05 December 2014

An Ultrasound Producing 3D Shapes in Mid Air? Seems Legitimate!

Have you had diagnostic examination using ultrasound before? If you had, then you know that ultrasound produces images of the internal aspect of the human body. More to this is your basic knowledge about this medical term which also produces sound waves.

Do you know that it can also create 3D shapes that enable you to optimize your senses? Certainly, a new technique in ultrasound has been developed to generate some floating 3D shapes that can be seen and be felt in mid-air. This new technique is made possible through the continuous efforts of the University of Bristol’s researchers.

Photo credit: screenshot of youtube video by BristolIG (Bristol Interaction and Graphics group), University of Bristo

Ultrasound is a machine which is commonly used for pregnant women in their baby’s gender detection. But this does not only limit its capabilities for certain people because it can also be used in some cases other than its sole purpose. 

The researchers used arrays of ultrasonic transducers in creating and focusing compound patterns of ultrasound to shape the air towards its direction. In between the process, illumination existed in making visible shapes. This happened when the manipulated air was directed through curtain of oil and a lamp. 

The illumination resulted to a system that produces accurate and identifiable shapes. This allows the users to easily match with that of 3D objects to the shape rendered by the prototype ultrasound system. 

Dr. Ben Long, Research Assistant from the Bristol Interaction and Graphics (BIG) department at the University of Bristol, claimed that the possible ways of using the system pertains to holograms that are touchable, immersive virtual reality that can be felt and complex touchable controls in free space.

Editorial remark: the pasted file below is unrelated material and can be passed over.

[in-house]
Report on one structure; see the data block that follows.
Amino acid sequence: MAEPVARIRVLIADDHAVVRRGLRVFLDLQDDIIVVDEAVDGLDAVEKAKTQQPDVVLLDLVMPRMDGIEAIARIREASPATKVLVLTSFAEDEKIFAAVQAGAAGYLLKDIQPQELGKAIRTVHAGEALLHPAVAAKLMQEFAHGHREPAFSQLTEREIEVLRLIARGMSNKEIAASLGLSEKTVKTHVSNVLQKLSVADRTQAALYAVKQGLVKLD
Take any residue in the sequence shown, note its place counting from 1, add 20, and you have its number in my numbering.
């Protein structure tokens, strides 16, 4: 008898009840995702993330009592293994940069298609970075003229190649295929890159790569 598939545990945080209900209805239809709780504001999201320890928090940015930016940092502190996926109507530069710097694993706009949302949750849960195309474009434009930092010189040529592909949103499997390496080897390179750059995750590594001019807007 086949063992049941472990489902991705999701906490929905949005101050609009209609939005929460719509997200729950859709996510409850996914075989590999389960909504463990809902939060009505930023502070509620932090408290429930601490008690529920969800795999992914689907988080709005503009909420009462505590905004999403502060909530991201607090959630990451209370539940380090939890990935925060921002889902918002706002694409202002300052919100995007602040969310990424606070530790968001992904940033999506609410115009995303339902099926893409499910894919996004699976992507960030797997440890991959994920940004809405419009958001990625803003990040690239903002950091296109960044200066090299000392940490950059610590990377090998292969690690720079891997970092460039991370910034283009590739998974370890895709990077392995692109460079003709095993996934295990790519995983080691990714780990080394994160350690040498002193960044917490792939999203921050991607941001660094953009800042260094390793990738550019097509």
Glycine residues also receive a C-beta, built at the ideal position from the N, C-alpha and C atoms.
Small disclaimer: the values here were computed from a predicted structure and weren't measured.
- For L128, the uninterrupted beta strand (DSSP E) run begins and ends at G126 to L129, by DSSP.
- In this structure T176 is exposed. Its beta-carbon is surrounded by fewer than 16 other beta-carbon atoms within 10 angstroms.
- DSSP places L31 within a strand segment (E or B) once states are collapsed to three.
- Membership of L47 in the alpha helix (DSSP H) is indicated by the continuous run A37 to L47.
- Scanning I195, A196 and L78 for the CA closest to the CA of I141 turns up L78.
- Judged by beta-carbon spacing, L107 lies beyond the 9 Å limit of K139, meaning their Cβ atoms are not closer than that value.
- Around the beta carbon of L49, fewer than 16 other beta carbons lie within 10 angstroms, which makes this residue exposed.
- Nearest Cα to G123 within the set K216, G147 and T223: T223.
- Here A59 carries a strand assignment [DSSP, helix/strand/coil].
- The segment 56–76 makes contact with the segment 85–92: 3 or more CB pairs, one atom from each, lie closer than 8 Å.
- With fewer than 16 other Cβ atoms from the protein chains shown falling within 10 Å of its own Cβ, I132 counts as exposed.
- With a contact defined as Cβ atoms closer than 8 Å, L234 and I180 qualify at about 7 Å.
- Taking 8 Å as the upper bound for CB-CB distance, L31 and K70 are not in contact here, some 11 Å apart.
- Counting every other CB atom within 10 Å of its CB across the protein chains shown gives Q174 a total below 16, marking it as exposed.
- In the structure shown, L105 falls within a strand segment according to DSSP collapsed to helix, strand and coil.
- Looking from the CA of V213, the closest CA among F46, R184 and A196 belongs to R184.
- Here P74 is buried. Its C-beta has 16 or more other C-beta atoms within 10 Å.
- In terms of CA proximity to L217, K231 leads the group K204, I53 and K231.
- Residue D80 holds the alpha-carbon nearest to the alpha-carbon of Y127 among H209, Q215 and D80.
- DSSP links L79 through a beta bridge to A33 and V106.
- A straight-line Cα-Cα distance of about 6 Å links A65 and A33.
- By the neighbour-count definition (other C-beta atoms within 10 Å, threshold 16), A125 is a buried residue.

This new technique in ultrasound does not use around 40 kHz of the ultrasound frequency. Instead, it sets up vibrations in the air upon which the arrays are being focused so it can produce sensations fluctuating in different directions from around 0.4 kHz to 500 Hz. By this, the user can recognize the shape of the object similar to the feeling when a solid object is touched. The researchers then believe that this innovation can benefit various fields more likely with the benefits that haptic feedback can give. 

Watch it here:

This new technique in ultrasound allows the surgeon to feel whether the patient has abnormalities or tumors. More than these advantages, there will be a lot more systems that researchers are looking forward to. 

This research is published in the latest issue of the journal ACM Transactions in Graphics. Dr. Ben Long, along with his great and knowledgeable companions, has gone through methodical and systematic approach for this modernization. With the swift course of technology, more inventions and techniques are yet to come.

Reference: [1]


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